JP title: 装甲悪鬼村正
Soukou Akki Muramasa, written by Narahara Ittetsu of Hanachirasu fame, was a VN released back in 2009 by popular VN company Nitroplus, known for their fairly dark visual novels (a well-known example being Saya no Uta). And honestly, Muramasa is probably their very best title to date; a true crowning achievement of the medium.
Note: The review lightly alludes to the main themes of the VN, so if you’d prefer to go into it completely blind, well… you know. Don’t read on.
So, what actually makes this VN so damn good? Well, it does feature a richly-detailed alternate Japan in the first half of the 20th century, made complete with supernatural suits of armor known as Tsurugi; an era of turbulence, cruelty and political uncertainty, with constant tension between the tyrannical Rokuhara Shogunate, as well as the GHQ (Western powers); and finally, a large cast of main and side characters, each of them fleshed out and given their proper time to shine. There are political machinations and quite a bit of infodumping. There are secret societies and supernatural beings. And there’s no lack in wacky humor, either. It really is a novel with a bit of everything, which should come as no surprise considering its massive scope. In fact, so much happens in this I could be here all day just trying to list it, so I won’t even try. But really, what resonates the most with readers of Muramasa, I think, is the primary theme (or themes) explored throughout the story.
Optimally, I would recommend just going into the VN with no prior knowledge — once you see the final scene of Chapter 1, you’ll instantly understand just what kind of a ride you’ve signed up for. Needless to say, Nitro+ is extremely good at trolling their own readers, and then casting them into a sea of pitch black despair. Forget the rules that govern most other VNs. The motto of the game declares: This is not the story of a hero. This is a VN designed to make heroic souls lose hope. To force those gallant enough to believe in justice quiver in fear. In short, a dark, twisted story dealing with very simple, but very heavy questions. What does it mean to wield a blade and kill a man? What is the concept of justice? Of good and evil? If we wish to break it down, it really is quite a simple story, but the VN explores it in such great detail that it just becomes a beast of its own. This is very much a Nitro+ tale, so if you’re expecting a happy-go-lucky, feel good adventure, this will not be your kind of game.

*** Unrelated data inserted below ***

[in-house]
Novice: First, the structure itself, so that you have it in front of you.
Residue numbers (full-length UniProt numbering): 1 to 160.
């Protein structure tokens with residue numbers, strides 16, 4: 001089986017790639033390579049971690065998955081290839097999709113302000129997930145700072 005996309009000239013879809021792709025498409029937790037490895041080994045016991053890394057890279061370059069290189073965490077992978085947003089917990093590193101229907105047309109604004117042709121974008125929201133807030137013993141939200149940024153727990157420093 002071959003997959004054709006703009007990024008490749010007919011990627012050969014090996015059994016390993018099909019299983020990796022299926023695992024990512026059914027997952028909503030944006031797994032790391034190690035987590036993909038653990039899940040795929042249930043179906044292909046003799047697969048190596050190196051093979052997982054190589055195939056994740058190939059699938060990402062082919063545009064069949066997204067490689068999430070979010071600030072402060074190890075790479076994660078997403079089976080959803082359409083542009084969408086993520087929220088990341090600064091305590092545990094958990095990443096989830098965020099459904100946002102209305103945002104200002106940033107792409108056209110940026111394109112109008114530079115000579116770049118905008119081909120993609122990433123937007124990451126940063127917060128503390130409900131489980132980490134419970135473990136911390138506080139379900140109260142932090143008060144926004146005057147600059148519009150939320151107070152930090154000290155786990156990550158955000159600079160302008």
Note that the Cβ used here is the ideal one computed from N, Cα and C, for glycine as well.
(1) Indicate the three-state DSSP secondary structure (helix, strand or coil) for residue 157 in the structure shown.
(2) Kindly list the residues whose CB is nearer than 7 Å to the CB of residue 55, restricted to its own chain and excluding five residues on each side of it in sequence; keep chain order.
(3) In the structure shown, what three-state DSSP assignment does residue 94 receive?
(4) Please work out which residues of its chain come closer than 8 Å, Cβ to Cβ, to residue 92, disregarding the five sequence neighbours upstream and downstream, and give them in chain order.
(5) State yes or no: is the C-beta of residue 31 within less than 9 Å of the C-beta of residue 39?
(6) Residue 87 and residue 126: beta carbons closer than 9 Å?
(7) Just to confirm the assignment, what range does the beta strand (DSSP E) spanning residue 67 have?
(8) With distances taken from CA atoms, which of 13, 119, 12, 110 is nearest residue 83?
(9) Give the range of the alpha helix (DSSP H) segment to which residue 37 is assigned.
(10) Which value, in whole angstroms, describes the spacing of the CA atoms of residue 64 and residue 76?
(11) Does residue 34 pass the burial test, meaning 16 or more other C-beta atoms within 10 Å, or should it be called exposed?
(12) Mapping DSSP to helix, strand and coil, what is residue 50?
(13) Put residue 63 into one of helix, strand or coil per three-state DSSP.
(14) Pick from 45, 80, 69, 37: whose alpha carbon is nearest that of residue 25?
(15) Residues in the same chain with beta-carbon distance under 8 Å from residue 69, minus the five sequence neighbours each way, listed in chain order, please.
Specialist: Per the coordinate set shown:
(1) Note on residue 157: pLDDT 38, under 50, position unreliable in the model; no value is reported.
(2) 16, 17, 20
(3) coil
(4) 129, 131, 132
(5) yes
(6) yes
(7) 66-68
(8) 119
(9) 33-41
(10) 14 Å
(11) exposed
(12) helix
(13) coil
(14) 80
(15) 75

There is, however, an extremely slow buildup to the various endings of the game; in fact, the first few common chapters might feel tremendously dull and boring to some. That’s one of the major flaws of the VN, really. The lengthy mecha fight scenes, similarly, might split readers as well. I wasn’t a massive fan of them, personally (with few exceptions), but that’s just me. The story itself really does take quite bit to get going, and even during its heroine-centric routes, it sometimes drags quite heavily with occasional pacing issues. As such, it’s definitely not gonna be everyone’s cup of tea, I think. However, I think it’s worth pressing on — Muramasa is one of those games that get better and better in retrospect, the more you think about it.